Category: showcases


Sabor y Cultura

Last Saturday night I played at Sabor y Cultura cafe on Hollywood Blvd. in West Hollywood.

Before I continue with the open mic story, I need to give a little back story for the small world part of the title. My American flight arrived at LAX about 7:50 a.m. on Thursday morning. My son, Conner, and his girlfriend, Jimena, were stuck in traffic.

Rob King

So I retrieved my checked bag in the baggage claim area. The delay was a wreck which was still ahead of Conner. I went to the Starbucks just outside of the baggage claim area – the only place I could see outside of the vending machines by the bathrooms to get food. I bought a breakfast sandwich and a house dark roast. I watched everyone in the area while I waited for my order, and ate it at a small table – I’m a writer, it’s what I do. Conner and Jimena arrived a while later when I was out waiting by the curb.

 

Dan Roark

I arrived at the open mic early. I bought a tea and a snack. Before too long, Tonde R Colle arrived to set up for open mic, as did Morgan B. – she helped with the signup and announced the performers. When they got set up, the open mic began with one of Tonde’s recorded songs, and his welcome to the open mic.

Kendra Van De Graff

Rob King, who plays with Sweet Friday – a local LA band – was the first performer. His music had a latin/folk sort of vibe. He played three nice songs, ending with his song, Pieces.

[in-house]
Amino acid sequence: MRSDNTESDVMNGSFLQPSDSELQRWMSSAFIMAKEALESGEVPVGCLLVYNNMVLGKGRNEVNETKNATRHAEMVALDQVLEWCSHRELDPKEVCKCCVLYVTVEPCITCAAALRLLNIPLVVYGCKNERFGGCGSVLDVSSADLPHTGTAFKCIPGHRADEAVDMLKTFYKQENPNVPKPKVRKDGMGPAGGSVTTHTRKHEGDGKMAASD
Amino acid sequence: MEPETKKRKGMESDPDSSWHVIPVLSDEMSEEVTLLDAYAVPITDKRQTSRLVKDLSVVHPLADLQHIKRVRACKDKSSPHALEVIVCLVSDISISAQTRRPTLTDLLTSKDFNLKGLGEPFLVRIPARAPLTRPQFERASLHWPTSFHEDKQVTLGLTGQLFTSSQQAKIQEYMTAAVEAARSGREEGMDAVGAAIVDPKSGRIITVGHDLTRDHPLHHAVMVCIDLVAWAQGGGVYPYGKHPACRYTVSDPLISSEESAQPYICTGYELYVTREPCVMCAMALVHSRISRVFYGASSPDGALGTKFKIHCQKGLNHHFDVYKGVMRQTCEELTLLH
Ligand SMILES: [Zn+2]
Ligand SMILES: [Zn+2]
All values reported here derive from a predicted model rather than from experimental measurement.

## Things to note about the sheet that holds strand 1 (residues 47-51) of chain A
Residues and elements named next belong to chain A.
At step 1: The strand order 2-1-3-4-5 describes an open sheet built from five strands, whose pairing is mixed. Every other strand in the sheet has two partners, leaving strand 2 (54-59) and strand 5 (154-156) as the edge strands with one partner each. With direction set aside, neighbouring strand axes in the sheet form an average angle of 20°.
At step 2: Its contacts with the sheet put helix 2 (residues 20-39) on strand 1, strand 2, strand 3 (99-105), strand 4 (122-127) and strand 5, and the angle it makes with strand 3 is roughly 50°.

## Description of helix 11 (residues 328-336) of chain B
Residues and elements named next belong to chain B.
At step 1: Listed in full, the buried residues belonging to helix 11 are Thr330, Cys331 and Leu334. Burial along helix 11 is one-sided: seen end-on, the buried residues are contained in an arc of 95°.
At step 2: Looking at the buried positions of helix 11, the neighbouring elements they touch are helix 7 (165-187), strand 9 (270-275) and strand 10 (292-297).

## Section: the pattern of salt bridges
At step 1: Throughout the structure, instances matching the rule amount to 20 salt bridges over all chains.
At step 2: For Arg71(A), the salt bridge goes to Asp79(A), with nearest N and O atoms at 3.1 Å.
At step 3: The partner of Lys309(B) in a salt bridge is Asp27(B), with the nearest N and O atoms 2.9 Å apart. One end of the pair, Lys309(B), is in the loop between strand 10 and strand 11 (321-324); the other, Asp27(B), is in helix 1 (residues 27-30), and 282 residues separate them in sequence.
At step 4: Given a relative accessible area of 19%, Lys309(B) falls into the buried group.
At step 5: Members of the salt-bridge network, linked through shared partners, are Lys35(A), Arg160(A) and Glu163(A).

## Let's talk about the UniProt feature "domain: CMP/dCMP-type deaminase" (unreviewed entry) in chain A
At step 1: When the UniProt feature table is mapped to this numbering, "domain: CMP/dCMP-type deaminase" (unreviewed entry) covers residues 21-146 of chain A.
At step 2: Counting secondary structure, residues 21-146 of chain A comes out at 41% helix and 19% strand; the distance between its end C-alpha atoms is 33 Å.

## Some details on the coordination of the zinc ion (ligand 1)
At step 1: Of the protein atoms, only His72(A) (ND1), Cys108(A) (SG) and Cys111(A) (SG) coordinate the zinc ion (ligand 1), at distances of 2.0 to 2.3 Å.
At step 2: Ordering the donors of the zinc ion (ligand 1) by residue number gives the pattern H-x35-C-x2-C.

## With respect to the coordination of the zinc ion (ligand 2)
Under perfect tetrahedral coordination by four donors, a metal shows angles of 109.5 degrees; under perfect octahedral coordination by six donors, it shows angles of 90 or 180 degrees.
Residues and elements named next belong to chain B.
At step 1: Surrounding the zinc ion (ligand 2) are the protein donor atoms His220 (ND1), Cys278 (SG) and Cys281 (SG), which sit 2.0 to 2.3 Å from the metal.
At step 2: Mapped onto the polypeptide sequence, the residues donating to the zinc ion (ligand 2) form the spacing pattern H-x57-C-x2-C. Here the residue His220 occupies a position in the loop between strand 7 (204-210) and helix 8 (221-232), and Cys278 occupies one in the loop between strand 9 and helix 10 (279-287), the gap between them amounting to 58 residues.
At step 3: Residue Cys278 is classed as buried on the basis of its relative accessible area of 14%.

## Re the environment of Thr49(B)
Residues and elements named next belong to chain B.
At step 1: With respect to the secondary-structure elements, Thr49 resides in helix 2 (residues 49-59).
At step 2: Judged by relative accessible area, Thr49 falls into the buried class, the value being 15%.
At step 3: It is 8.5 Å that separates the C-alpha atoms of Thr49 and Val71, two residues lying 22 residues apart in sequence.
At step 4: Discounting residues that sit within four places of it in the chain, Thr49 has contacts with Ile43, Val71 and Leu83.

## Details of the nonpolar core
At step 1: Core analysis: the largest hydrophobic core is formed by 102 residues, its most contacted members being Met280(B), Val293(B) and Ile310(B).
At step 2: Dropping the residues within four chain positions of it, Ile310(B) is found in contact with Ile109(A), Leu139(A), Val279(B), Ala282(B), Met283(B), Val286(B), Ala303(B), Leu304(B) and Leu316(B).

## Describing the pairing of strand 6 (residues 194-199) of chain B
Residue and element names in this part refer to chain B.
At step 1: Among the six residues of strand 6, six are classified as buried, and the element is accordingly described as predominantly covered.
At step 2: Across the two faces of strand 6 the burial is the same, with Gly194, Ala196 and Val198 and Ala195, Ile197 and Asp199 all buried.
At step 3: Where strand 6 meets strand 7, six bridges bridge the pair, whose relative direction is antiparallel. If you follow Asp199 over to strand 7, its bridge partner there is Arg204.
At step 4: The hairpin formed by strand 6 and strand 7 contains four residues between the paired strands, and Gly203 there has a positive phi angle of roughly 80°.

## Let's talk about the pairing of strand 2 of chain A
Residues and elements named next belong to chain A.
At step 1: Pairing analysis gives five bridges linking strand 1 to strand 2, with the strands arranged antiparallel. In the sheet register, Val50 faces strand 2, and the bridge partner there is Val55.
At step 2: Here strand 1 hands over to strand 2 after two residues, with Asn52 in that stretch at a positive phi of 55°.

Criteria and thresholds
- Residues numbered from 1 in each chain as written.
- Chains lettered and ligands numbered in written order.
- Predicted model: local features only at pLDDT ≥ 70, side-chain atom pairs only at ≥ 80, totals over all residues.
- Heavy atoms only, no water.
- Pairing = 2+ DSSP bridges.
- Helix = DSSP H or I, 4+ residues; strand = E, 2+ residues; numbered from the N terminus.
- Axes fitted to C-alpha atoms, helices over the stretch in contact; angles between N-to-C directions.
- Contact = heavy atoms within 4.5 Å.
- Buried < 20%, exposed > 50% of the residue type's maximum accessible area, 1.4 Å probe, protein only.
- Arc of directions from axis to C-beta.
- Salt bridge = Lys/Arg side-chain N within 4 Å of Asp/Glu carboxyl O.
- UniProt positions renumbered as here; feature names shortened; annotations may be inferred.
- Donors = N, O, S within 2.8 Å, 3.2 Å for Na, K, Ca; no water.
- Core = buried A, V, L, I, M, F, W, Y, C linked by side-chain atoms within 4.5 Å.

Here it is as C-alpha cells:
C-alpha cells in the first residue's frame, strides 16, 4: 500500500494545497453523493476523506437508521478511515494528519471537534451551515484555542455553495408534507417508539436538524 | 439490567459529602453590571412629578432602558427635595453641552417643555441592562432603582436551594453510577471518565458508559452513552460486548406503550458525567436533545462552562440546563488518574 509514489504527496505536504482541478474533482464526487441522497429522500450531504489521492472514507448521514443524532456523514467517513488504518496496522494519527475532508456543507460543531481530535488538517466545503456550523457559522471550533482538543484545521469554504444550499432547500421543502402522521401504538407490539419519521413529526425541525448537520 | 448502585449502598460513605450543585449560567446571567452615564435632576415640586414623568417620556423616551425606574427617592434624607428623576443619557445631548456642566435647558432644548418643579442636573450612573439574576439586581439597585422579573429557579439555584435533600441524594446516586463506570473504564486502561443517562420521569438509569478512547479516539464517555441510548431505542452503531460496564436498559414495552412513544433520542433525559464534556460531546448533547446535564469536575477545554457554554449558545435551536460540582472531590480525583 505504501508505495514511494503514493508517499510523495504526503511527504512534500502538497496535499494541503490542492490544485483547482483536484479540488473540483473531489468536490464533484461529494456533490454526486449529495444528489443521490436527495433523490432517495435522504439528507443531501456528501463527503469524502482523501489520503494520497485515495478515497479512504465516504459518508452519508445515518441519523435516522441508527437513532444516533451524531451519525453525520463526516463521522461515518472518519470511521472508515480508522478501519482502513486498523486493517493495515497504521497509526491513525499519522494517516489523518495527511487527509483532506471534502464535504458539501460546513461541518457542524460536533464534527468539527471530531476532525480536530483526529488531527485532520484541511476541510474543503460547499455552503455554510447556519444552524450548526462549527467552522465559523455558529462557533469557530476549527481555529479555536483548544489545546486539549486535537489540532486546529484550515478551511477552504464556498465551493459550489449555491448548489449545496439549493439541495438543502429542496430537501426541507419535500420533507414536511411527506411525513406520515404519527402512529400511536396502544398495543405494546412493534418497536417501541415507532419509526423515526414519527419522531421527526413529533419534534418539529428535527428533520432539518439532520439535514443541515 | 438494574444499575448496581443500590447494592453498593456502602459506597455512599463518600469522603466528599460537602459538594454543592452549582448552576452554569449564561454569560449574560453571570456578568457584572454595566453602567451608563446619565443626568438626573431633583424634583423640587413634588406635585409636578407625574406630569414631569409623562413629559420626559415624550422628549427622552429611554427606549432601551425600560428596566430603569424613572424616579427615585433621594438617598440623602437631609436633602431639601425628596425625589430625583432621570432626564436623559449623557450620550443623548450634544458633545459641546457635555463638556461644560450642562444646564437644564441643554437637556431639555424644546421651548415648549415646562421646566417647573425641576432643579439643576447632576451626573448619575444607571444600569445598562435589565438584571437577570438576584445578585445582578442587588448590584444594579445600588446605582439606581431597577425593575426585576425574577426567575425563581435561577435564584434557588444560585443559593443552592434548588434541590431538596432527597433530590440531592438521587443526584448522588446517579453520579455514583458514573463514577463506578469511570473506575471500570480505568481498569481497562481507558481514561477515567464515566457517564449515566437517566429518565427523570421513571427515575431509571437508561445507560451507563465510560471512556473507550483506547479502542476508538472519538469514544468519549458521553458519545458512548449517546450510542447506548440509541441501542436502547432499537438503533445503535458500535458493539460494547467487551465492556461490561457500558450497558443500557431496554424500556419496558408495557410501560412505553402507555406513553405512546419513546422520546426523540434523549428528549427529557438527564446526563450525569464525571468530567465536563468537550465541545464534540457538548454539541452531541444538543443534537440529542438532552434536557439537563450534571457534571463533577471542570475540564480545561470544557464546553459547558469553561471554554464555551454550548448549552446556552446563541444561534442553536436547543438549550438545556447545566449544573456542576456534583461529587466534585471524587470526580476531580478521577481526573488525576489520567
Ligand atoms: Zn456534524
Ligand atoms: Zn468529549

A young man, Ray Goren, was next. He had a large pedalboard with pedals, some I’m not sure he used very often. It included a harmonizer and a looping pedal. Ray is a talented young man who also has a latin musical strain. But more in the crooner type category. His songs included Maybe I Don’t Need to Know and Can’t Help Myself.

Roger Gomez

Roger Gomez, who followed Goren, is from Australia – which you would not immediately guess. He is soft spoken and friendly. Roger has a distinctive voice and some interesting songs. One of which was She’s Always Landing on Her Feet.

I followed Roger. I played Hello Out There, Peace Be With You, and Wishy Washy World. Kendra Van De Graaff came up after me. She only had one original song and it was titled Date Me.

When Kendra was leaving, I caught up with her and asked her to write down her name so I could spell it right. After she wrote it down, she looked at me.